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Senate telecom bill offers tepid net neutrality provision

The telecom battles are heating up in Congress with legislation introduced by Sen. Ted Stevens (R-Alaska) that differs from House legislation in a number of key areas.
Written by ZDNet UK, Contributor on

The telecom battles are heating up in Congress with legislation introduced by Sen. Ted Stevens (R-Alaska) that differs from House legislation in a number of key areas, the Washington Post reports.

On the issue of net neutrality, the Senate bill is astoundingly weak - merely requiring the FCC to conduct an annual study and make recommendations about how information is flowing over the Internet. "Its stance was weaker than the House bill, which itself did not go far enough for net neutrality proponents," Post reporter Arshad Mohammed notes.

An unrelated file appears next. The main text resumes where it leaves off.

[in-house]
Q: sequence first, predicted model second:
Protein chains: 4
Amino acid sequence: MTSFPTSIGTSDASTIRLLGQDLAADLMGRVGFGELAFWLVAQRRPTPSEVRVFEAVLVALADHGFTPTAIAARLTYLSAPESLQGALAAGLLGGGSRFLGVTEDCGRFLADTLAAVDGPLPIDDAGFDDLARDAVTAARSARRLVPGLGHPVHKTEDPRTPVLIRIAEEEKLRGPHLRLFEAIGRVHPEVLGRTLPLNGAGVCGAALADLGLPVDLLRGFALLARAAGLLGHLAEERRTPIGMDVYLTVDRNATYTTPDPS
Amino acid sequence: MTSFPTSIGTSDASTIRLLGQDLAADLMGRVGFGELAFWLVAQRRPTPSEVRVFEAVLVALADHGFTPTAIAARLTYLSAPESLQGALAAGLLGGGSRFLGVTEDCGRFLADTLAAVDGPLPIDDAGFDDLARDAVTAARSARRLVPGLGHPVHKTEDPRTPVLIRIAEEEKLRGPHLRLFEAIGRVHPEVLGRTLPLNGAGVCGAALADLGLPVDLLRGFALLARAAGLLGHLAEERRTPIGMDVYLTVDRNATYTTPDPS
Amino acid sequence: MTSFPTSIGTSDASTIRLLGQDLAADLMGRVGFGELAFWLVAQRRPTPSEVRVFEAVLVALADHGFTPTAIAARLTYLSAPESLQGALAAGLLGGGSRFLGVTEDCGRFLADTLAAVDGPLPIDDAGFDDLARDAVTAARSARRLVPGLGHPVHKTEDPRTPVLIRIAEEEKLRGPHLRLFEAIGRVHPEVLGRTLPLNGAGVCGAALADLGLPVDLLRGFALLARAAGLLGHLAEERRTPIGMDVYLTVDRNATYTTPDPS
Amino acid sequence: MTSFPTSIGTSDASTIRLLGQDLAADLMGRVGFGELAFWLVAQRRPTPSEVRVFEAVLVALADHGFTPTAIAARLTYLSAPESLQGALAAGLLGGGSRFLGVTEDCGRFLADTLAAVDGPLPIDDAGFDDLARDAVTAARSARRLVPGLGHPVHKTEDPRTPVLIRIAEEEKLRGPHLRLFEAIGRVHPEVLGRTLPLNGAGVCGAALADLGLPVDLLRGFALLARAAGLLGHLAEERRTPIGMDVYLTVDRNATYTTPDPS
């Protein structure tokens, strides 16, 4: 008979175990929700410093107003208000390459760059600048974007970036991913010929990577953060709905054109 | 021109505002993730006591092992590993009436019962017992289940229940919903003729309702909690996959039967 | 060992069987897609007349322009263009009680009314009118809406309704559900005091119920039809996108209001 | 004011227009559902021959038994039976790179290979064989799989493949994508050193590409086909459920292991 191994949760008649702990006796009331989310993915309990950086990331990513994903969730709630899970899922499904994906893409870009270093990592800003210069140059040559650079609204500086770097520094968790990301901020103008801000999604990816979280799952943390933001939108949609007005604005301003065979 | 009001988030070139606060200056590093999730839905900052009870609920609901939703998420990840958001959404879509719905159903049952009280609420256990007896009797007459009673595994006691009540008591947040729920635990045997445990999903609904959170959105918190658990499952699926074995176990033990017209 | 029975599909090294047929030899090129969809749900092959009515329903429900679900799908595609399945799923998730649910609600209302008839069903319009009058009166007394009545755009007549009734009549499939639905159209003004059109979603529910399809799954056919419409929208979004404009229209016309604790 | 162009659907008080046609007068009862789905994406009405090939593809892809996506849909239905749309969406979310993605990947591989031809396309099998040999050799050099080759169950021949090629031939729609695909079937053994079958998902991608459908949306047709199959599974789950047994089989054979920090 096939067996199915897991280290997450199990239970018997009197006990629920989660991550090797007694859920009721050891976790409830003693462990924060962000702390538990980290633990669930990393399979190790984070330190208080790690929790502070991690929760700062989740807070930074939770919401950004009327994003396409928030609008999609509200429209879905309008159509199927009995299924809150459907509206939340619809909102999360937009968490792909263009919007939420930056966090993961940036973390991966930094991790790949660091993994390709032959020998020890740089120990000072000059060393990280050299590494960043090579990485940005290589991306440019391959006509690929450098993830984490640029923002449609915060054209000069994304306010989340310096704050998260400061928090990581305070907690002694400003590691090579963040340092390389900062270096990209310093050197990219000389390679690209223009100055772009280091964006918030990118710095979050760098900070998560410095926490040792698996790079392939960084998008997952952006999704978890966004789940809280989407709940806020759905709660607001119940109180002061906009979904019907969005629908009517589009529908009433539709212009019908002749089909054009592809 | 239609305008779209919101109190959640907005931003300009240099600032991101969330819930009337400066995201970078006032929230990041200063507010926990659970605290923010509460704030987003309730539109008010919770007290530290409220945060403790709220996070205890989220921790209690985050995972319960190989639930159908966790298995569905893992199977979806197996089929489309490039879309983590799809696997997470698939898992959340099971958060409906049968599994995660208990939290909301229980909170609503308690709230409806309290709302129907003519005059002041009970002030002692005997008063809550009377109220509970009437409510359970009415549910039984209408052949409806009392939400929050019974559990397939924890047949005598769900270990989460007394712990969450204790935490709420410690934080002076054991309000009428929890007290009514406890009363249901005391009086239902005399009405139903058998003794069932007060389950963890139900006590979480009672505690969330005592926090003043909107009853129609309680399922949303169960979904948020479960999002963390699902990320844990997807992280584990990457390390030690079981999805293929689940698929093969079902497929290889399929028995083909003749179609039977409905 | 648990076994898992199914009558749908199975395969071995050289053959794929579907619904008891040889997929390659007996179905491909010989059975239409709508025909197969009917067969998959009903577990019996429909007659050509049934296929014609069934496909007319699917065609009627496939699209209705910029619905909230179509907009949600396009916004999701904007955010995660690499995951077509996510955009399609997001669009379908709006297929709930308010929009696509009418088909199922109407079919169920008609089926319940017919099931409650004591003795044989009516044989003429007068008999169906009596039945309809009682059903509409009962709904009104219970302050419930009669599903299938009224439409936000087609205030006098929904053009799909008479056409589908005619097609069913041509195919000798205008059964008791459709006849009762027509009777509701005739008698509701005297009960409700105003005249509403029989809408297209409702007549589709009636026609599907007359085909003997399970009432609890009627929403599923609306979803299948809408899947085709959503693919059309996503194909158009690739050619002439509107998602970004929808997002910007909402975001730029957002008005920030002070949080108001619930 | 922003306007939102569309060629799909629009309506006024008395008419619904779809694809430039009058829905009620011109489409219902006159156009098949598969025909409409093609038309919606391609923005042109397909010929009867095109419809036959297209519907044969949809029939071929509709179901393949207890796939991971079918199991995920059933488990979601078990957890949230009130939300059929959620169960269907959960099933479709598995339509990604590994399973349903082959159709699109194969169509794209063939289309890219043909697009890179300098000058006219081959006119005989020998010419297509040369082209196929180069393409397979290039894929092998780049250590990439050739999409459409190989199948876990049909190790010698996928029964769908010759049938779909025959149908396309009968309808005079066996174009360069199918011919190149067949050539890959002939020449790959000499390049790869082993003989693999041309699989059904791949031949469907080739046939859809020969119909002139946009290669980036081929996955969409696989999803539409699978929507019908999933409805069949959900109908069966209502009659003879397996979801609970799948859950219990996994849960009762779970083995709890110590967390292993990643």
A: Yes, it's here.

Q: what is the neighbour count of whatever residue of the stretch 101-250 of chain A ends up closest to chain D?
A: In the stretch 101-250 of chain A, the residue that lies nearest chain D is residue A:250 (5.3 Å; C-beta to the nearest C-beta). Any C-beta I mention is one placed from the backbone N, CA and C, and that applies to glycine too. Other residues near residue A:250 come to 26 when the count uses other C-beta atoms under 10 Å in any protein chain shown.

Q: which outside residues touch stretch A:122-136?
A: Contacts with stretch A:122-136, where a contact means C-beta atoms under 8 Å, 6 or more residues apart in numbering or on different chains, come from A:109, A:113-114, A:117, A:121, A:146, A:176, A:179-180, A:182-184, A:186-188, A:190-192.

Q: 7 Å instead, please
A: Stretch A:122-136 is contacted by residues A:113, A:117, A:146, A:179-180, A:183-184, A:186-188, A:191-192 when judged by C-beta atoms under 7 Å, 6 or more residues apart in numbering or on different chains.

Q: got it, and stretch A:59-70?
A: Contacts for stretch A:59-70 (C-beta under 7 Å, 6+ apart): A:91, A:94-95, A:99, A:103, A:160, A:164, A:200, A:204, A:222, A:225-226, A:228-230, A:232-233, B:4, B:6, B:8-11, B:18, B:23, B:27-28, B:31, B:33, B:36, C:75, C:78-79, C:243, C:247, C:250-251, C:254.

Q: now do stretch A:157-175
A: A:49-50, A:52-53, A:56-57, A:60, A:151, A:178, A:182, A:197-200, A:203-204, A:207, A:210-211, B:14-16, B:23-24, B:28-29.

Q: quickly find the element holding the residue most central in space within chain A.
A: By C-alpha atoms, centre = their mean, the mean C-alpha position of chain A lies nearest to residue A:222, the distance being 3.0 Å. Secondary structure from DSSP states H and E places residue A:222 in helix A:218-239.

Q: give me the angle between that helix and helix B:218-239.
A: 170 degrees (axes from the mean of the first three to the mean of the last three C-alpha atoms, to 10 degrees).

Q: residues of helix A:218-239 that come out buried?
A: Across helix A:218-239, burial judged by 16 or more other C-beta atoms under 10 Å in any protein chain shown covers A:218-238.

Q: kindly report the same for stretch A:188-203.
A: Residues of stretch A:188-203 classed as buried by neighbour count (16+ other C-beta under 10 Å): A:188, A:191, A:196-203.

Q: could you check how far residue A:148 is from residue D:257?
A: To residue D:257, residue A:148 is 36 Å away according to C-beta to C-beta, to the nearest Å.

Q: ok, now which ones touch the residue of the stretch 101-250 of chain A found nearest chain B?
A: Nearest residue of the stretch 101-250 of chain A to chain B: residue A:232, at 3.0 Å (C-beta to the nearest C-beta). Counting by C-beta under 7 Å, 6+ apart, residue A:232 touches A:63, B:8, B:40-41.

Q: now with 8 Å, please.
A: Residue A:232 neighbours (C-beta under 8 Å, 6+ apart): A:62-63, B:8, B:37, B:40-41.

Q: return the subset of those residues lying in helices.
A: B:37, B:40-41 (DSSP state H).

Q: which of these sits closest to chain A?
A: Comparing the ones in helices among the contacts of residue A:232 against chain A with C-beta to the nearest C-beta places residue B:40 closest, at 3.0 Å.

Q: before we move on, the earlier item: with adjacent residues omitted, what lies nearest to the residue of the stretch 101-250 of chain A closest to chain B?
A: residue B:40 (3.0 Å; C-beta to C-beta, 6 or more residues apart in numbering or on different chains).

Another issue is universal service. Stevens' bill would require all telecommunications providers -- including cable and VoIP providers -- to pay into the fund. The House measure doesn't address the issue.

Finally, the telcos want a bill that would allow them to offer video services without having to conduct laborious negotiations with every municipality. Under Steven's bill, cities would be under a strict "shot clock," which would require them to respond to requests within 30 days. Failure to respond equals an automatic appoval with strict guidelines on fees and terms. The House bill, by contrast, creates a national franchising system, whereby the telcos don't even need to go to individual governments.

While he co-sponsored the Stevens bill, Sen. Daniel K. Inouye (D-Hawaii), the committee's ranking minority member, said he had "numerous, substantive objections" to the legislation.

"We cannot ignore concerns about the potential for discrimination by network operators, but the draft appears to do just that by failing to create enforceable protections that will ensure network neutrality," Inouye said in a statement.

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